In EMS, we have a similar regression to the mean saying.
        “Eventually, all bleeding shall stop. The only real question is how it stops.”
        Of course, it goes on to mention bleeding stopping due to clotting, intervention or exsanguination. The latter, of course, is quite discouraged in being permitted to occur.

        Noteworthy here is that he is quite guilty of plagiarism. But, he omitted the mention of bias from what he stole and re-resented from an event in 1921.
        http://www.ncbi.nlm.nih.gov/pubmed/11624041

        At first blush, I’d suspect encephalitis, probably viral. That would be a more likely malady that would have been ill understood at the time, as viral disease was not very well understood.
        Of course, with the sparse information I was able to find outside of paywalls, an enlightened differential is impossible.
        But, modern medicine was finally taking hold in the US back in 1921, evidence based medicine being chief in being advanced. Infectious disease was finally being more fully understood in the US, new knowledge was brought to the US from physicians who served in Europe during WWI, new techniques, new theories, etc.
        It wasn’t until 1931 that the virus was finally visualized under the new electron microscope, finally giving medicine knowledge of how a virus damages a cell.

        I just find it fascinating that the chiropractor had to reach all the way back to 1921 to find “evidence”. What is next?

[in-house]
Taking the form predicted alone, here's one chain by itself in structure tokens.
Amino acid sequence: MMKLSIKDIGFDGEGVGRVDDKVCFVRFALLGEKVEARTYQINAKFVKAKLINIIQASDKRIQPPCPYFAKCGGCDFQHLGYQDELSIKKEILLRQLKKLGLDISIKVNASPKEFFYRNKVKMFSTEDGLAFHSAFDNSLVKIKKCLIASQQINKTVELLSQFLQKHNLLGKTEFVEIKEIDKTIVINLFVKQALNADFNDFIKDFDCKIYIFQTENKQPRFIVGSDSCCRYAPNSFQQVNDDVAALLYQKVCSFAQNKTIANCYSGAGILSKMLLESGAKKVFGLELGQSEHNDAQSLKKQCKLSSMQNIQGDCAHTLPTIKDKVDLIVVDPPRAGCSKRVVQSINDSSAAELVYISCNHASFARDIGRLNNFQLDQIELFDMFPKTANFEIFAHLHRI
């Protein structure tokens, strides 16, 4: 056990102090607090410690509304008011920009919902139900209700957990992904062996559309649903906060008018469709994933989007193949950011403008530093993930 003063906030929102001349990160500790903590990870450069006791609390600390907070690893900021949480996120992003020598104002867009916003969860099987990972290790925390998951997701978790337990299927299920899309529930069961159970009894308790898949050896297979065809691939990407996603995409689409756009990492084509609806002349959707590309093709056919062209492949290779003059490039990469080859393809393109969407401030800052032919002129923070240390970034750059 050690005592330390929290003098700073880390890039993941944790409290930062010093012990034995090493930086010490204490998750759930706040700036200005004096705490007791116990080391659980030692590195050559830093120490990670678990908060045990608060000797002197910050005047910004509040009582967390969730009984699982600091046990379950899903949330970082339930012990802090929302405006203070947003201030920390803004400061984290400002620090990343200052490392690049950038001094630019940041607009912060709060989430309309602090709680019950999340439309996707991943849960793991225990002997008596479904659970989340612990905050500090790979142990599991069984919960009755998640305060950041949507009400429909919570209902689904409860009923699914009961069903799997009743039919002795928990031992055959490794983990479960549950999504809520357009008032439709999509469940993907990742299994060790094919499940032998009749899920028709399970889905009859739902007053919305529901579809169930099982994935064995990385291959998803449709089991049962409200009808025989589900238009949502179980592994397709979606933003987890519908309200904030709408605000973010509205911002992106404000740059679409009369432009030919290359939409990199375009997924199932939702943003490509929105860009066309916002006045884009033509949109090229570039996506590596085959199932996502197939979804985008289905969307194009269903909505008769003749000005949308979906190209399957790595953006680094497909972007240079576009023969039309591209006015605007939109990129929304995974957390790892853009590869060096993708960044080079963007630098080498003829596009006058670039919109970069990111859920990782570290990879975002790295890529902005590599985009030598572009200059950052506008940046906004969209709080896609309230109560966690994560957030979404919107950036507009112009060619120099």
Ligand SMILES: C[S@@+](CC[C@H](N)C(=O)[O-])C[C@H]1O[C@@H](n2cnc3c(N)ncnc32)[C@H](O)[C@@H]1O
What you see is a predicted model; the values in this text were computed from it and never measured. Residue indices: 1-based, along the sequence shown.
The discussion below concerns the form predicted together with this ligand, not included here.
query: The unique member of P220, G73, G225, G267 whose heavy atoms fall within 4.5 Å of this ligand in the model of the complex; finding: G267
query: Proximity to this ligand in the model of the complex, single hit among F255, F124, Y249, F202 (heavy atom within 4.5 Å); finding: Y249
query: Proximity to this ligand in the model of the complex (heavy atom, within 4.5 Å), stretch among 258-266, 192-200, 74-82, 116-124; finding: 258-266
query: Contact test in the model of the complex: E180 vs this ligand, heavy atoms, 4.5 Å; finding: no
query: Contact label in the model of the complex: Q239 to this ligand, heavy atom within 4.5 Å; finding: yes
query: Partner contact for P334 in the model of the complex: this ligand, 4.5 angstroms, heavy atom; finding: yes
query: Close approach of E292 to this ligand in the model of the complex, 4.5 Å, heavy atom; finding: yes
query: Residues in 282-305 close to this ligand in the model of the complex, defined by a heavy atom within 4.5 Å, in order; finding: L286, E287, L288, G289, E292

Going back to when medicine subscribed to the miasma theory of disease?
        But then, such practitioners tend to not be able to provide evidence based treatment information, so they instead provide a steaming pile of bovine excrement in its place.
        I’d not be surprised to hear of him treating bacterial meningitis by manipulation. Of course, if that were to occur, the problem would be self-limiting.
        It’s rather difficult to inflict such non-treatments when one is in prison for murder.

      • KS says:

        I remember seeing some trial data for antibiotics and ear infections. 90+% clear up in a week with placebo, add an extra 2% for standard antibiotics and another 2% for what was at the time a more serious antibiotic. I expect by now the standard will get you 0% extra and hopefully something extra from the serious. Another 10 years and it will be back to the 1930’s because if an ear infection won’t clear up on it’s own, then nothing much will work, and they’ll keep those for if you get meningitis.

      • wzrd1 says:

        That would only be true if no new antibiotics are developed.
        The problem with that line of thought is, there are always new antibiotics being developed, hence, the doom filled prediction of a decade finding antibiotics being ineffective is incorrect.

  2. SM says:

    I’ve said it before and I’ll say it again- attempting to regulate quackery especially when it is the quacks regulating the quack house is futile. Sham AHPRA regulation is more dangerous than no regulation – get rid of it. It would take a team of CBA minions 10 years to discipline all of the naughty quacks that have by exposed by Hank.

  3. Hope says:

    I think Elma Fudd wouldn’t have sunk to such a low ebb. Can animal cruelty be added to the growing list of shambles against Chiros?